Locking Up Vets
- 1.2 million vets were arrested in 2007.
- 9.4% or 223,000 prisoners are veterans. This number may be as high as 1 million.
- In 2004, more veteran prisoners reported having served during wartime (65% Federal and 54% State institutions) than in 1997 reflecting a 4% and 4.5% increase respectively. Vietnam veterans remained the largest represented group of veterans while Gulf War veterans increased 2.3% in State facilities and 8% in Federal institutions. Additionally, veterans from the Afghanistan and Iraq wars now represent 3.7% of veterans in State facilities and 4.5% in Federal institutions.
- Between 2003 (the beginning of the most recent Iraq war) and 2005, Department of Defense military imprisonment increased 7.25%
- From 2005 to 2006, the overall percentages for those personnel confined for violent offenses rose 4%.
PTSD increases the likelihood of going to prison or jail
- According to USA Today: “Since the Iraq and Afghanistan wars began, 211,819 combat veterans have been treated by the VA for post-traumatic stress disorder (PTSD), about 16% of the 1.3 million who fought. But the VA says it sees only about half the veterans from the two wars, because hundreds of thousands seek care elsewhere or not at all.”
- 40 percent of veterans who show symptoms of PTSD have been charged with crimes in the period after their wartime service—the majority designated as violent crimes.
- A 2000 Bureau of Justice Statistics Report found that 81% of all veterans in prison, jail, or on probation or parole had a substance abuse problem prior to imprisonment, 35% were identified as suffering from alcohol dependency, 23% were homeless at some point in the prior year, and 25% were identified as mentally ill.
- A study linking Post Traumatic Stress Disorder to violence and imprisonment found that absent adequate care, prisoners with PTSD will return to their communities and likely engage in the same behavior that led to their initial imprisonment.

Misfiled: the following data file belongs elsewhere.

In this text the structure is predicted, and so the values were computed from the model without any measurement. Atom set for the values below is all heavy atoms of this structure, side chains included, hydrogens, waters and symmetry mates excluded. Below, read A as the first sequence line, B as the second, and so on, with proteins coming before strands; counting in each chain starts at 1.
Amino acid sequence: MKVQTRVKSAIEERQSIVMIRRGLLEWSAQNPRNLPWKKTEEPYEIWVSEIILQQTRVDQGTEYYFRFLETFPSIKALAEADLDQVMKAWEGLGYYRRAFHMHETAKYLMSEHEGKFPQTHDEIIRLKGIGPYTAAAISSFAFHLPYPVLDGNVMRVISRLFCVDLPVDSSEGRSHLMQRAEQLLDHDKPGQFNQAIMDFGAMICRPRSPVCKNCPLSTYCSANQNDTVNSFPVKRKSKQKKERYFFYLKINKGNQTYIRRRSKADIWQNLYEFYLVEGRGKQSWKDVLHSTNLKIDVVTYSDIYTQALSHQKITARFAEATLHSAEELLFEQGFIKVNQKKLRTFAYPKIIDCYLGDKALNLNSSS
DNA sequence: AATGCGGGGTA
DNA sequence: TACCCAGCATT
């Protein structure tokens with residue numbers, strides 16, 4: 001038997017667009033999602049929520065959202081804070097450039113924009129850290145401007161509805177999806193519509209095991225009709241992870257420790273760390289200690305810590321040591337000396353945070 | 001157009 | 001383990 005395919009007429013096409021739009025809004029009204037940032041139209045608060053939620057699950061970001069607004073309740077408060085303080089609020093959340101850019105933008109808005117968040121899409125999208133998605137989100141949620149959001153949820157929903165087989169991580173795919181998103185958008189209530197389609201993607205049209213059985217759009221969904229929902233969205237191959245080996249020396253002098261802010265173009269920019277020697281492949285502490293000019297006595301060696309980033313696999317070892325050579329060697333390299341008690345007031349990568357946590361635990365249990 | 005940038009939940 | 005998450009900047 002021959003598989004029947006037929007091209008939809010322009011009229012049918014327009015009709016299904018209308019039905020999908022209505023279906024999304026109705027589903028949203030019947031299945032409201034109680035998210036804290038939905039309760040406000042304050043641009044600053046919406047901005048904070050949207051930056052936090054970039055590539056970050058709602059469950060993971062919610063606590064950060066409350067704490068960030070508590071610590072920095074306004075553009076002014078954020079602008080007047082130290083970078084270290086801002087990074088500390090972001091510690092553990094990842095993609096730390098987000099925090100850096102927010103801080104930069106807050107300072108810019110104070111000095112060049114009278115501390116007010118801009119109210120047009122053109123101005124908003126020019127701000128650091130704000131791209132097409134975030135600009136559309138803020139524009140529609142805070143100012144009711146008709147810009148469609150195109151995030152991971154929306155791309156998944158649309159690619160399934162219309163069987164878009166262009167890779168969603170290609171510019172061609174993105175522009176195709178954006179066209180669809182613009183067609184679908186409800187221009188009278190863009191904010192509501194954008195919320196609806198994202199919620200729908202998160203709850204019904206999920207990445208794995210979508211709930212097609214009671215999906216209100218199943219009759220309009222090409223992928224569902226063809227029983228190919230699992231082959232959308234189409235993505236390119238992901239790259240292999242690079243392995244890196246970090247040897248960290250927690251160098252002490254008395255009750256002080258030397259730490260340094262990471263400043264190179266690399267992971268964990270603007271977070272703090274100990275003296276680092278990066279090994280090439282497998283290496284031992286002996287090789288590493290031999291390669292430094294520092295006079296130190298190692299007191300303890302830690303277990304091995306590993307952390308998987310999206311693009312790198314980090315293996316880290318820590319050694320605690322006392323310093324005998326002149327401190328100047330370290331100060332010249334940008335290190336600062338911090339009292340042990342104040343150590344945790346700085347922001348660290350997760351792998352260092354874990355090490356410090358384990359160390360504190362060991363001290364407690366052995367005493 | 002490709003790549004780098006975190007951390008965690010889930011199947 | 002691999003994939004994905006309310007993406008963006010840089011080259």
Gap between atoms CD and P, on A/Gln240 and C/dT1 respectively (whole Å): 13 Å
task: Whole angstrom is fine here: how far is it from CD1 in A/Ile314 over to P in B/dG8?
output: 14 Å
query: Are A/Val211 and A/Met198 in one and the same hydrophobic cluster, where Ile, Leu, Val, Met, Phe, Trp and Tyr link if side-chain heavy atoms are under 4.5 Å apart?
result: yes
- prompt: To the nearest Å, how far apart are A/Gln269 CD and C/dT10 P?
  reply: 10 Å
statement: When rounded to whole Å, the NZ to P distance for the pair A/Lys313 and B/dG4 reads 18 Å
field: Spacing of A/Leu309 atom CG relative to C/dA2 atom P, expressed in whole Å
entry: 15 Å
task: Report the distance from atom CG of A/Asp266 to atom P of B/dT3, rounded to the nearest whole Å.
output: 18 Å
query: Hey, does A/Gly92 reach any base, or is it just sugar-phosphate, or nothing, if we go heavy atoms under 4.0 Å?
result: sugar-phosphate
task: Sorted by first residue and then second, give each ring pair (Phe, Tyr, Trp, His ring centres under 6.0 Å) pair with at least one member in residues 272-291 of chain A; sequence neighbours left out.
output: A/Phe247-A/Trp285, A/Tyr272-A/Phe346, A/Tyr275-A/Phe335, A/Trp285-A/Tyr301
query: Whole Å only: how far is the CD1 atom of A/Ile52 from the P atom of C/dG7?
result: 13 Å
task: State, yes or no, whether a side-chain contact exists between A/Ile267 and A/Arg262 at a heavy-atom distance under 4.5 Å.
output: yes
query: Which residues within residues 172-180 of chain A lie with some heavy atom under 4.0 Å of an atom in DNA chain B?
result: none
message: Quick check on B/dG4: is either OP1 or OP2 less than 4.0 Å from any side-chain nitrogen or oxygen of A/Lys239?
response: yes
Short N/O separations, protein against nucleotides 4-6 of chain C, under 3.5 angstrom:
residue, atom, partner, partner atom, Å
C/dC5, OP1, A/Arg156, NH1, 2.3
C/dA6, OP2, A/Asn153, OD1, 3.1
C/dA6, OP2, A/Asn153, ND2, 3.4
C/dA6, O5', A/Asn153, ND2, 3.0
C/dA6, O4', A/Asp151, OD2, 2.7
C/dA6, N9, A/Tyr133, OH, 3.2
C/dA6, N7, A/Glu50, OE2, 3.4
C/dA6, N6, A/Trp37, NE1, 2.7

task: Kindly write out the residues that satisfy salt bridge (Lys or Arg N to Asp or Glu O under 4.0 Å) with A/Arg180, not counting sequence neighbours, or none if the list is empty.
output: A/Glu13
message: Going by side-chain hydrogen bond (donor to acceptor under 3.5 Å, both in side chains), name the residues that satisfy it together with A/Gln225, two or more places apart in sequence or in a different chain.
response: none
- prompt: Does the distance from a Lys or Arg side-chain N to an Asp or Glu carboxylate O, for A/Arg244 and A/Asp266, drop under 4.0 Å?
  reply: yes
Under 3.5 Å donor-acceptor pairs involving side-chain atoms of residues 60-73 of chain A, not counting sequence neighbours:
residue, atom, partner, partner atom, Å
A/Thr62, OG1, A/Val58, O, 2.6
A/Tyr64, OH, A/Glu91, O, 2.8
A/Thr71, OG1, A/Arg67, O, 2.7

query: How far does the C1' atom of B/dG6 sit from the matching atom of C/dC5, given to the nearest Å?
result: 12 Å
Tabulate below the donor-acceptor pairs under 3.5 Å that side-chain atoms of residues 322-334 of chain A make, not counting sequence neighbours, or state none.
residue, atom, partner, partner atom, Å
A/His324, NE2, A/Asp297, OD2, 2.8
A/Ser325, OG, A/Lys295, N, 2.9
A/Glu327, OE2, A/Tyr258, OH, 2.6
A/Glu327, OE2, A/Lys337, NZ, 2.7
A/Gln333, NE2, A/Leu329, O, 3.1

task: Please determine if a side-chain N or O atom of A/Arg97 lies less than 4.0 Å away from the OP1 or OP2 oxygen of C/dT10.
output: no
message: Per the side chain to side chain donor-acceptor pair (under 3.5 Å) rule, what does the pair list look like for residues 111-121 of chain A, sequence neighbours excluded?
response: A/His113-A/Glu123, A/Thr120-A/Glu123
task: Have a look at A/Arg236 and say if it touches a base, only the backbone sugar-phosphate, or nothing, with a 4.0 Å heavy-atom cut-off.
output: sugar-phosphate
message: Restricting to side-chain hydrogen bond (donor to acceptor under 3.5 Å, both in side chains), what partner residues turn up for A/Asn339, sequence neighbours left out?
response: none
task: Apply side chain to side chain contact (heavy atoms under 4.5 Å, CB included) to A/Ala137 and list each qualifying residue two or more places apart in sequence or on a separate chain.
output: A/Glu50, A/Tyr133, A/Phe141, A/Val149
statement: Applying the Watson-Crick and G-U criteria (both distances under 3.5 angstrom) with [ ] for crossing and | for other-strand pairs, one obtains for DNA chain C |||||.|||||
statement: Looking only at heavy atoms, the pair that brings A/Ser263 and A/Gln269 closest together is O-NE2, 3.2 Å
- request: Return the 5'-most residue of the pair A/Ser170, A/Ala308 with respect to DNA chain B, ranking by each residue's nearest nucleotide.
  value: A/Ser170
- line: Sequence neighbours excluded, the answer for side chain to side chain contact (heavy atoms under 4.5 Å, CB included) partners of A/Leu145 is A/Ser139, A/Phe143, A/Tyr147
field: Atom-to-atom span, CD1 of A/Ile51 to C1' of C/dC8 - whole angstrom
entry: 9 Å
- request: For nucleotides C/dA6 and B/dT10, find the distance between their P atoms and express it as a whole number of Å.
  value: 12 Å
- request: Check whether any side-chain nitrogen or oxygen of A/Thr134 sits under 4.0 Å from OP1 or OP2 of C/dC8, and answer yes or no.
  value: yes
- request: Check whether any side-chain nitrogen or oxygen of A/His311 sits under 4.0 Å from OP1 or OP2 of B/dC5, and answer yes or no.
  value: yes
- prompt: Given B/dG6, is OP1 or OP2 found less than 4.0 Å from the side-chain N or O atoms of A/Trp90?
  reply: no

Get Involved to Resist the Wars at Home and Abroad
Iraq Veterans against the War (IVAW), Bay Area Chapter
Too often, service members are forced to redeploy back into dangerous combat, or train in situations that re-traumatize them. We say, individuals suffering from trauma have the right to remove themselves from the source of the trauma. Service members who are not physically or mentally healthy shall not be forced to deploy or continue service. Operation Recovery will support service members by standing up for their right to heal from PTSD, TBI, MST, and combat stress. We will expose those responsible for the deployment of traumatized troops, and we will stand up against those responsible for violating them. We will end the wars by winning our Right to Heal.
To learn more about Operation Recovery and to sign a pledge to support the campaign, click here.
Critical Resistance (CR), Oakland Chapter
Through its work in coalitions like Californians United for a Responsible Budget (CURB), Prisoner Hunger Strike Solidarity, and Stop the Injunctions Coalition, Critical Resistance Oakland works to eliminate the hold that the prison industrial complex has on our lives and to build healthy, sustainable futures.